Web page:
What is a Care Manager?

A care manager is a professional who evaluates, advises and guides seniors and their families through the maze of long term care services and provider options. Geriatric care managers are usually licensed professionals, primarily social workers, counselors and nurses, who have extensive training and experience working with individuals and their families who need assistance with caregiving issues. Care managers have experience, industry contacts, and knowledge of public and private services in their community, along with being thoughtful listeners and creative problem solvers.

Why choose an INDEPENDENT Care Manager?

two-elderly-womenMany companies offer care management services as part of a portfolio of services, which includes in-home caregiving. WE DON'T, AND HERE IS WHY. As you might imagine, should there be a need for caregiving services, these companies only present the option of working with their company. For over 25 years we've prided ourselves on avoiding this potential conflict of interest, and continuously kept tabs on a plethora of caregiver agencies in our area. Because we're an independent Care Management company we're confident that our recommendations will be just the right fit for your situation. We believe that is why so many physicians, trustees and elder law attorneys recommend our services. You'll get an honest, unbiased assessment and a recommendation for continuing services that you can trust.

Why work with a Care Manager?

Initially family members employ care managers for an initial assessment and care plan. They get an unbiased and accurate perspective on their loved one's needs. Many families (especially those who live a great distance from their aging parent or relative) hire Care Managers on an ongoing basis to oversee the plan and to quickly respond to emergencies.

The services of a care manager can save a family stress and provide expertise in resolving complex issues. In many instances the care manager can also offer cost-effective solutions that save money for the client. Usually a family is experiencing this journey for the first time and is challenged as they navigate through these uncharted waters. We've been through this many many times with many many families. Care managers have knowledge of complex healthcare, financial and relationship issues, local resources and the need of seniors to remain as independent as possible.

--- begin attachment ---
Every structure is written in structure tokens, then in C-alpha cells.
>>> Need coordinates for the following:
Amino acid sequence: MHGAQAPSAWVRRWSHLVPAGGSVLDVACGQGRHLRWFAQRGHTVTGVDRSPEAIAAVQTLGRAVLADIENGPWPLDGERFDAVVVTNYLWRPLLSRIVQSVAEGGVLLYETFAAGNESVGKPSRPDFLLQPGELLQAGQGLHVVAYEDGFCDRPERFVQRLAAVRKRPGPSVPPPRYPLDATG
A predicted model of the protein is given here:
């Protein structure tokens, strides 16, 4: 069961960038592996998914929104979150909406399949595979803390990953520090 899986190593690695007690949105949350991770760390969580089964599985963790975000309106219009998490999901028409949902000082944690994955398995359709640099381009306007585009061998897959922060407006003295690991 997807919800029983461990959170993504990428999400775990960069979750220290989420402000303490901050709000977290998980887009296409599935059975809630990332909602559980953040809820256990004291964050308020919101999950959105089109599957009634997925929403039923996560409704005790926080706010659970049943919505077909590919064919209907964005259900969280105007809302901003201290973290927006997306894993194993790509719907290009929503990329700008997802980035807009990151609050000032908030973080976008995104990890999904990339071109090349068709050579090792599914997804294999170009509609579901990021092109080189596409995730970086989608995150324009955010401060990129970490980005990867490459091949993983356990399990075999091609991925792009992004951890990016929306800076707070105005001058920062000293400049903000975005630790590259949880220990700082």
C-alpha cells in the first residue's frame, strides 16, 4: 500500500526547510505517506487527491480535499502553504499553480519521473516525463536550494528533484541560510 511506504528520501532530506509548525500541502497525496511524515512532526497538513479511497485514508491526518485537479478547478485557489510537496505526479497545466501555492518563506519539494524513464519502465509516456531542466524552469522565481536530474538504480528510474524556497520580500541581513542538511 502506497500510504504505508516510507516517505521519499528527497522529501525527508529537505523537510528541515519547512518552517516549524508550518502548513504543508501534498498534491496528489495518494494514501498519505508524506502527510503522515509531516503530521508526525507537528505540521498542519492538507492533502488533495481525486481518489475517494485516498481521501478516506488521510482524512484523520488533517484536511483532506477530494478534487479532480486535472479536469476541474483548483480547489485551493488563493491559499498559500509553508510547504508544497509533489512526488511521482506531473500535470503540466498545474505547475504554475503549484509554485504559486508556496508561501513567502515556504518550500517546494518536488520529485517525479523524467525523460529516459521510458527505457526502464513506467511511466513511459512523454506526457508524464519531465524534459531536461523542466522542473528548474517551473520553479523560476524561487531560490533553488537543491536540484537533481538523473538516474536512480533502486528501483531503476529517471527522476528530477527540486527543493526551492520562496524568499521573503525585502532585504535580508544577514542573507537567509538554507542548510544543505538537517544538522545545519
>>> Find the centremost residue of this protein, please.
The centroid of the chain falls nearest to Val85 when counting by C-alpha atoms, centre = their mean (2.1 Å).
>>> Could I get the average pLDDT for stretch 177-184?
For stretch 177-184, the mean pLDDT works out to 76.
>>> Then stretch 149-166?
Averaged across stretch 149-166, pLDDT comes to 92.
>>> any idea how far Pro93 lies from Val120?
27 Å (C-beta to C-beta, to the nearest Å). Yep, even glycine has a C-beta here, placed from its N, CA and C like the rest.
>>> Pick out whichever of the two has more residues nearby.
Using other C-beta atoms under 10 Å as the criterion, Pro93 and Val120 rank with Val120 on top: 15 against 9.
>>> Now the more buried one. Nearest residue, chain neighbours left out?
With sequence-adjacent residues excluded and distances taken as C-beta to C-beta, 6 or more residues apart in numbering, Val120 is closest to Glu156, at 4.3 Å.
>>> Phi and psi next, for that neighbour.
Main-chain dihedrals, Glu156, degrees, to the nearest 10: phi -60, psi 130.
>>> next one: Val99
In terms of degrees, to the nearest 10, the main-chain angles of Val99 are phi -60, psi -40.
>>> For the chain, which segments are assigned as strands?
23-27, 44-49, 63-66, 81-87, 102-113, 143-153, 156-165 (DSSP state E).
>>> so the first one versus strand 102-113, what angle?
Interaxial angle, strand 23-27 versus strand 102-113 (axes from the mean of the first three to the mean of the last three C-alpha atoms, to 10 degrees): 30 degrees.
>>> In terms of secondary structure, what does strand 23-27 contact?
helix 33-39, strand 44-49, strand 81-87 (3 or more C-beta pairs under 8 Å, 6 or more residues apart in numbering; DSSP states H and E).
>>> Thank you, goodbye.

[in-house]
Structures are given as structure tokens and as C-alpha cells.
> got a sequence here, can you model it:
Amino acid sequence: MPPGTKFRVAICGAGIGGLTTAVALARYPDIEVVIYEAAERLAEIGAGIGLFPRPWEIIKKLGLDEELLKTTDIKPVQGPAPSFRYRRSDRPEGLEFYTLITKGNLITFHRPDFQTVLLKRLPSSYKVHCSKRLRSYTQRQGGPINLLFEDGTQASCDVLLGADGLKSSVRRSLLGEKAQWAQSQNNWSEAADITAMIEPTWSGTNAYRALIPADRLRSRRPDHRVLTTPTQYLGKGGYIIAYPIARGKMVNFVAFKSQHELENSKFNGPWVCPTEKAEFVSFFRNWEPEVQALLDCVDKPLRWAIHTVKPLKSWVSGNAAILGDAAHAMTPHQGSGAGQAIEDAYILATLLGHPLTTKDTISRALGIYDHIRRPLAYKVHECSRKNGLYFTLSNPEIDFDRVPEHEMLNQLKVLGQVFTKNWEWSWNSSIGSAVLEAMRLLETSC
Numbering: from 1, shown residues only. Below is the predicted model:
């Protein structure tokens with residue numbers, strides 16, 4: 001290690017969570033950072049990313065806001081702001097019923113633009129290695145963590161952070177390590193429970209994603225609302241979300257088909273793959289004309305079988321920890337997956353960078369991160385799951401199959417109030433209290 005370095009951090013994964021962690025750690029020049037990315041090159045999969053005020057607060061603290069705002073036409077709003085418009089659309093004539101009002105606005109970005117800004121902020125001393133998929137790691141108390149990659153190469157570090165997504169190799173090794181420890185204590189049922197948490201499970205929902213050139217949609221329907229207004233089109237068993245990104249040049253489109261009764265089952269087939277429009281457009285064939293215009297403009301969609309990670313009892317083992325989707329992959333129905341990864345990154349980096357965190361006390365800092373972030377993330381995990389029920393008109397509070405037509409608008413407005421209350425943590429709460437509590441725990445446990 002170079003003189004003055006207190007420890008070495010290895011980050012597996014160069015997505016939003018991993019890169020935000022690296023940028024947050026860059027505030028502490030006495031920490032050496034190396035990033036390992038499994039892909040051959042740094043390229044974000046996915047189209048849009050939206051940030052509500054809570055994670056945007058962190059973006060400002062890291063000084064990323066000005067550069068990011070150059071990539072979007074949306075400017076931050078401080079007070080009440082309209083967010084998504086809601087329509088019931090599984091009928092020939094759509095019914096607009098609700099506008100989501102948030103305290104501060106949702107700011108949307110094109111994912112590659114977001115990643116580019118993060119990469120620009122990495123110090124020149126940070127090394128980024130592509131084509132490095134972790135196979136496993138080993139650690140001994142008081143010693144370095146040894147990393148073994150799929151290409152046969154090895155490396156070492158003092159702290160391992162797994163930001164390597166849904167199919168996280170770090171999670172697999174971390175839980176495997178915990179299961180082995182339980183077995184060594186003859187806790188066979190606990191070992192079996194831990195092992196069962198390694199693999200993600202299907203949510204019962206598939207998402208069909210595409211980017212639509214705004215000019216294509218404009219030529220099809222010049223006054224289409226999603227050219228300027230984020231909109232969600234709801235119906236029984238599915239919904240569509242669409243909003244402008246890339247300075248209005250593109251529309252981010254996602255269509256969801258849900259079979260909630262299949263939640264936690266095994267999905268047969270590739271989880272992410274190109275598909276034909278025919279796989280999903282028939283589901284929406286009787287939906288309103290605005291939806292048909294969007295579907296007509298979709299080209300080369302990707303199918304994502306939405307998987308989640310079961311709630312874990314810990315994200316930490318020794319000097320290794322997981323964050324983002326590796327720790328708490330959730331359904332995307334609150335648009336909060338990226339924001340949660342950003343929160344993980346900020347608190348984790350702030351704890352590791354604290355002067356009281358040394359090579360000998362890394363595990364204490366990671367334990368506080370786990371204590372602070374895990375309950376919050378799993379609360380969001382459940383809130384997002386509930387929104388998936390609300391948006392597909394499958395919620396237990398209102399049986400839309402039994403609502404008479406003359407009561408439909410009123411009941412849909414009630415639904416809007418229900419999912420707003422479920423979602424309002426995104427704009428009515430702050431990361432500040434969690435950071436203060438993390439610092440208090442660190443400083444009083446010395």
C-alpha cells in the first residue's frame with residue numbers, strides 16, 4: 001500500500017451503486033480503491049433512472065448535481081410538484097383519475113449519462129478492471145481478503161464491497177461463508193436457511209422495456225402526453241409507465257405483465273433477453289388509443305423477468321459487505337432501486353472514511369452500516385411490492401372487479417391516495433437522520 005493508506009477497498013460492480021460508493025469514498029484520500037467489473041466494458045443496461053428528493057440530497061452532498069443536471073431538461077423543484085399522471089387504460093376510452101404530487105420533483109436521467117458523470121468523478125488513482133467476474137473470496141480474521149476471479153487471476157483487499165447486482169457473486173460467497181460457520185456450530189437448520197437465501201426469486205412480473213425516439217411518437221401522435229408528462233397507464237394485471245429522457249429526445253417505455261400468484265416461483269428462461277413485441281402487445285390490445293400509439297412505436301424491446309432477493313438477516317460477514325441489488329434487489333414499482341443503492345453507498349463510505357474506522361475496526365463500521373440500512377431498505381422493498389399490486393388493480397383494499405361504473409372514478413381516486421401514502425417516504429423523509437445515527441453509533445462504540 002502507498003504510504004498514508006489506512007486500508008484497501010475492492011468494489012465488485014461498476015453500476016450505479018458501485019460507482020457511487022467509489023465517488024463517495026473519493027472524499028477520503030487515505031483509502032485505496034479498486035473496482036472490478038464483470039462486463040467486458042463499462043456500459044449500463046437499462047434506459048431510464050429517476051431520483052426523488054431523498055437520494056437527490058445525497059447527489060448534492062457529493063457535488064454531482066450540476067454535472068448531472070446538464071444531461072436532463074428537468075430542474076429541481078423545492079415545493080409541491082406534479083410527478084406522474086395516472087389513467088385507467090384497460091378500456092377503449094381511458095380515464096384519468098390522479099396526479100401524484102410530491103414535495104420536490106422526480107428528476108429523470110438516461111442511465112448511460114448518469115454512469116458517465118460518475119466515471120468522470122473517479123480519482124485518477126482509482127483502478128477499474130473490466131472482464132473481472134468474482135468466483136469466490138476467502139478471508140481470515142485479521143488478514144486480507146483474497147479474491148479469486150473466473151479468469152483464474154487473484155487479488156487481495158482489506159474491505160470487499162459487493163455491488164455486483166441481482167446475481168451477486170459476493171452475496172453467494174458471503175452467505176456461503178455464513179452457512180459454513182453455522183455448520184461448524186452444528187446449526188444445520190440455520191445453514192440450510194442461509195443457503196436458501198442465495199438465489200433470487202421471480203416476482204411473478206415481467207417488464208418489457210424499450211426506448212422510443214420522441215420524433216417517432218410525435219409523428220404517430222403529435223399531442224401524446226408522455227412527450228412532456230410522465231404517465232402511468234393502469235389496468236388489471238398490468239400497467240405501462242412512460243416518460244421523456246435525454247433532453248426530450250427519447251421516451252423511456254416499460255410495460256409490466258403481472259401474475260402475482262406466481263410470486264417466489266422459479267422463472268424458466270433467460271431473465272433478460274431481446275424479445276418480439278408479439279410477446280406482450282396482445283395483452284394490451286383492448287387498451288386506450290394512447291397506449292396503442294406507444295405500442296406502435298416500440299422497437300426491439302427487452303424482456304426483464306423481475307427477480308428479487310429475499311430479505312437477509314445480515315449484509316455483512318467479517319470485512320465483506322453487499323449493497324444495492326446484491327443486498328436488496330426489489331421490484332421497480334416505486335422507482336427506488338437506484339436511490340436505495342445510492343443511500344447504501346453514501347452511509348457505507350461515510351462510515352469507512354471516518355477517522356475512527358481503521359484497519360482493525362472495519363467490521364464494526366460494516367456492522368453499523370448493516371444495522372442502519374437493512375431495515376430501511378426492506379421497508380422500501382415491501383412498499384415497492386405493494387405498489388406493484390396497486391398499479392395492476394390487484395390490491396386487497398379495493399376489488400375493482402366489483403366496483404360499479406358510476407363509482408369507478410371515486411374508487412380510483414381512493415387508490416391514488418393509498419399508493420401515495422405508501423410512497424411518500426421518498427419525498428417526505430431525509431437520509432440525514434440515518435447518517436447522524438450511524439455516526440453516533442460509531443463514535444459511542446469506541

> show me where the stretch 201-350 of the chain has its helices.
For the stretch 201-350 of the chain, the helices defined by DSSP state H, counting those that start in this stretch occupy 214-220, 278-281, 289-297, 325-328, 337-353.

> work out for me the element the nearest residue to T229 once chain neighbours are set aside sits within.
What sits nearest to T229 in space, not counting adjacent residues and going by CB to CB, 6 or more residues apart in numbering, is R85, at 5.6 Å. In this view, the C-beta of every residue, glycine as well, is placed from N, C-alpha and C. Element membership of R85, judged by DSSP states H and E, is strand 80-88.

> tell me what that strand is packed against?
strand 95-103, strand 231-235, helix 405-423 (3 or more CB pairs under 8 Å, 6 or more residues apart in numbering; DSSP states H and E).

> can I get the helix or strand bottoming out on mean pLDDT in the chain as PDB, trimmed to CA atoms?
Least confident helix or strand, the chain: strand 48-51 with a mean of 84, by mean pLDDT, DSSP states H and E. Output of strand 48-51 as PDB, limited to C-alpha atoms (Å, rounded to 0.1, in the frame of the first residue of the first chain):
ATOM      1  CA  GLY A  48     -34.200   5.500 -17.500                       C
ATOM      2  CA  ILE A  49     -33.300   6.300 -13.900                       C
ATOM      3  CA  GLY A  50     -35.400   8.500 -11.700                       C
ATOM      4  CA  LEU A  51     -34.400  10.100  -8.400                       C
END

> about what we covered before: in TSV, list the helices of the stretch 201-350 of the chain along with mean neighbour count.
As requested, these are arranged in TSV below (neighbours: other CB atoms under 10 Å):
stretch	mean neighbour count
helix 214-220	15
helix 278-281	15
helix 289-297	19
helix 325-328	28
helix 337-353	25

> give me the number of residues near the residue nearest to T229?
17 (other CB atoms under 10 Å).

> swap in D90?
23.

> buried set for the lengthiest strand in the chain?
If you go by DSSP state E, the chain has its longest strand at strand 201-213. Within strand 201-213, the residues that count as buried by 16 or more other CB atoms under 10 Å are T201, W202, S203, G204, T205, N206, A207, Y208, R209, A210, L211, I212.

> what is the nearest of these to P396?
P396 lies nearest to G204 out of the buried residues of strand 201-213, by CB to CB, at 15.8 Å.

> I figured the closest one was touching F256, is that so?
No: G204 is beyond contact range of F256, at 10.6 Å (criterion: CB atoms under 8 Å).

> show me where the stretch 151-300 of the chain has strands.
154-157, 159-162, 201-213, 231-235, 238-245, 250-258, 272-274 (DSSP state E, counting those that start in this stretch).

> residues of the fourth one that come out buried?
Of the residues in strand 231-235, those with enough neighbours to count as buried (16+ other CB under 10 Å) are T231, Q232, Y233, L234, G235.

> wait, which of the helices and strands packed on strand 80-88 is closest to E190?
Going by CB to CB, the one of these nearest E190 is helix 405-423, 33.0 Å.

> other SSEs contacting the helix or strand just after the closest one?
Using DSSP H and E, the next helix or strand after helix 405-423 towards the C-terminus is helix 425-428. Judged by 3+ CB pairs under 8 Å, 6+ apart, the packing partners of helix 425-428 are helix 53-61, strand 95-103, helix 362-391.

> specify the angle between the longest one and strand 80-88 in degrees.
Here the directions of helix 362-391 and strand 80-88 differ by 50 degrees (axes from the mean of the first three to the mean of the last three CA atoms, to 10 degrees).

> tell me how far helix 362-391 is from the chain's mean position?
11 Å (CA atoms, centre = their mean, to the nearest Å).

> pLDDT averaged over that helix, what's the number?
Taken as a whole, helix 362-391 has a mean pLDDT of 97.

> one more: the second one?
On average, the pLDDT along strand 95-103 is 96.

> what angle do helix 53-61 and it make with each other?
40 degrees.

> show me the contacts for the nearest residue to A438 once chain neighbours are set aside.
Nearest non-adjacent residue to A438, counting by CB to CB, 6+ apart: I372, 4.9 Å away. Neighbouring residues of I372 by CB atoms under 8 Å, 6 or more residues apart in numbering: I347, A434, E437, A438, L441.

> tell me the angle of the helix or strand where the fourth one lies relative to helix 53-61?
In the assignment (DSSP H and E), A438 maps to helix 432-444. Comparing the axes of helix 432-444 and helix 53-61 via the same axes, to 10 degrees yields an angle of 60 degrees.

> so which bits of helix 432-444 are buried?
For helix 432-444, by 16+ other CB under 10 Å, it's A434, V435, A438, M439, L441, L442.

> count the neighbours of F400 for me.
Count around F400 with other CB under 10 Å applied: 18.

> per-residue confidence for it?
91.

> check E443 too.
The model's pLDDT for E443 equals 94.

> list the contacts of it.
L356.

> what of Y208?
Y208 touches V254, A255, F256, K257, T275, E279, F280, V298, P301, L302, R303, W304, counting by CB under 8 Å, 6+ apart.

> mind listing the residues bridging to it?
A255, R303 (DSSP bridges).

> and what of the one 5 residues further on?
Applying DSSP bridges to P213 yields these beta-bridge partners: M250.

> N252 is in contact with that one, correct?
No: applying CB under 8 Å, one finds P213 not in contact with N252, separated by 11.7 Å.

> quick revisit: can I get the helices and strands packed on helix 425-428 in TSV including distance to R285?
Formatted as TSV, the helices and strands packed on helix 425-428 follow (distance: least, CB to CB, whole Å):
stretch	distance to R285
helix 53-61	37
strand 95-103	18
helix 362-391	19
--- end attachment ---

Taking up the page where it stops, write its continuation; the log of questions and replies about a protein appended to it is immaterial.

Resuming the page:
If you are considering using a care manager, the National Association of Professional Geriatric Care Managers suggests you ask seven key questions. See these 7 questions on our FAQ page.

We develop unique flexible care plans based on the needs and desires of the senior and family members. Among the services we provide are:

  1. Perform comprehensive assessments which includes the client's medical history, an assessment of cognitive abilities, functional and emotional status, assessment of strengths and existing social support, and a basic financial overview to determine which services are within a seniors budget.
  2. Develop a care plan for short-term and long-term goals.
  3. Develop long range care plans for seniors or disabled adults who may need care in the future.
  4. Implement and monitor the care plan, and modify based on ongoing assessments.
  5. Access, implement and coordinate homecare services.
  6. Assist with placement in retirement community, assisted living facilities or skilled nursing home care.
  7. Monitor the care of a family member in a nursing home, assisted living facility, or utilizing in-home care.
  8. Manage care for a loved one whose family is out-of-town and act as a liaison between the client and their out-of-town family.
  9. Be an advocate for the care recipient and their family with physicians, insurance, hospitals, nursing homes, home care services and retirement communities.
  10. Coordinate medical appointments and medical information, with the option to accompany to key medical appointments.
  11. Respond to medical and household emergencies.
  12. Provide personal counseling to the senior concerning transition, medical issues, anxiety management and issues of grief and loss.
  13. Proactively find appropriate solutions to issues as they arise.
  14. Assist families in thoughtful decision making and provide conflict mediation when needed.
  15. Educate seniors and families about the benefits options available to them including community, state, and federal programs.
  16. Provide referrals to knowledgeable and ethical Elder Law Attorneys and/or Independent Financial Advisors.
  17. Money management such as paying bills, tax prep, and keeping accurate records, if desired.
  18. Assume Power of Attorney or Guardianship, if desired.